This white paper describes the default security settings for components of the Windows® 2000 operating system including the registry and file system, as well as user rights and group membership. Implications for developers and system administrators are discussed, and answers to frequently asked questions are provided.
A significant portion of Windows® 2000 operating system security is defined by the default access permissions granted to three groups: Administrators, Users, and Power Users. At a very high level, these groups may be described as follows:
Administrators are all-powerful. The default Windows 2000 security settings do not restrict administrative access to any registry or file system object. Administrators can perform any and all functions supported by the operating system. Any right that the Administrator does not have by default, they can grant to themselves.
Users are the opposite of administrators. Provided that Windows 2000 is clean-installed on to an NTFS partition, the default security settings are designed to prohibit Users from compromising the integrity of the operating system and installed applications. Users cannot modify machine-wide registry settings, operating system files, or program files. Users cannot install applications that can be run by other Users (preventing Trojan horses). Users cannot access other users’ private data.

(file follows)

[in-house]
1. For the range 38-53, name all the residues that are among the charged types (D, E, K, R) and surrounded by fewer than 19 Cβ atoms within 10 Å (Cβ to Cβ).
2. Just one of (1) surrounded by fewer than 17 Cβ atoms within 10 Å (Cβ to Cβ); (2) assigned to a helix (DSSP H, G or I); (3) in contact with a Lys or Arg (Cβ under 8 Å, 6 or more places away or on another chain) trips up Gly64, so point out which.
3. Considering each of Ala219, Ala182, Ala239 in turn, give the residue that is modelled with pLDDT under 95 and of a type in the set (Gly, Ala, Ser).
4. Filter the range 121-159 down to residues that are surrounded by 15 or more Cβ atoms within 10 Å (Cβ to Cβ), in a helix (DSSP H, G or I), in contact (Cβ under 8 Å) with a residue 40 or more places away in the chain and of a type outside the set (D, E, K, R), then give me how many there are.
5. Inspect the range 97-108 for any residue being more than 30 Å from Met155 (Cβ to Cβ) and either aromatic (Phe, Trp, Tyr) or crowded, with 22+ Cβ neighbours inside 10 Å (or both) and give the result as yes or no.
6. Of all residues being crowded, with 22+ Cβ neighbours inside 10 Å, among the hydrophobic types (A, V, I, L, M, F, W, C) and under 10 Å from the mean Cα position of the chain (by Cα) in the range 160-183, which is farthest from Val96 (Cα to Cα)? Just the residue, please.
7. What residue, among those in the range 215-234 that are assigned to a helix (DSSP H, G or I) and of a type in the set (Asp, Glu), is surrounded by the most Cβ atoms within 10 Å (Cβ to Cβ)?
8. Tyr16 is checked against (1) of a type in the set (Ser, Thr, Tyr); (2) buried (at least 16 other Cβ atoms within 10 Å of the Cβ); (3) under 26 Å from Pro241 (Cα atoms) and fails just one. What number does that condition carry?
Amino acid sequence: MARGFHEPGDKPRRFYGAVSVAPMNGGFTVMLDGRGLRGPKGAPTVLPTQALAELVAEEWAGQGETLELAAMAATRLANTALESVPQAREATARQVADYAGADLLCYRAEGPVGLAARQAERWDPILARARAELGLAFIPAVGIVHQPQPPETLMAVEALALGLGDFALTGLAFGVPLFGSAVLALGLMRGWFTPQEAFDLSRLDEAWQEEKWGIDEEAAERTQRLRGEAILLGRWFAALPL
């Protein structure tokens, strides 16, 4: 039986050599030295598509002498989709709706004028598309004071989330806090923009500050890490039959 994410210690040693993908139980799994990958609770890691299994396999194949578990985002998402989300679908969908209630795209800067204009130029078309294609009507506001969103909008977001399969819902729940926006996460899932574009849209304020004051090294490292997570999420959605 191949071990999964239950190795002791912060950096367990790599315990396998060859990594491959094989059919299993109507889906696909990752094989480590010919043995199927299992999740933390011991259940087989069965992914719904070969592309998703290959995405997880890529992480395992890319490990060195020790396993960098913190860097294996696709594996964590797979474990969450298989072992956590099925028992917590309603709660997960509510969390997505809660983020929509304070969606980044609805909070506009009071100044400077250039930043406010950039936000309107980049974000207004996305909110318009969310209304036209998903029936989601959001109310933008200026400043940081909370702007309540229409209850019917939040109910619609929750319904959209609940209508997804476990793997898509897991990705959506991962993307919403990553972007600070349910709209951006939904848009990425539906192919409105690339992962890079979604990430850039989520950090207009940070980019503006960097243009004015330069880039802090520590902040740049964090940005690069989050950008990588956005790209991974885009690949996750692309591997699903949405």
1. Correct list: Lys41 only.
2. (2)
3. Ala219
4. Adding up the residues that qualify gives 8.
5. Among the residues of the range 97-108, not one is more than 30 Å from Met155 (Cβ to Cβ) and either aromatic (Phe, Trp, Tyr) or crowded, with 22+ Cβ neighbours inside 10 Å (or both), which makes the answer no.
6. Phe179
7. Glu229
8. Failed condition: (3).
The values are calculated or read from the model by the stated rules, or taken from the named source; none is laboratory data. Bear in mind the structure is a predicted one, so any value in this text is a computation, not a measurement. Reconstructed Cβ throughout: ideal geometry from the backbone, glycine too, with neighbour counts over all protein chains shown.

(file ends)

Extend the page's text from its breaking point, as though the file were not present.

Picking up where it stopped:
Power Users are ranked between Administrators and Users in terms of system access. The default Windows 2000 security settings for Power Users are backward-compatible with the default security settings for Users in the Windows NT® 4.0 operating system.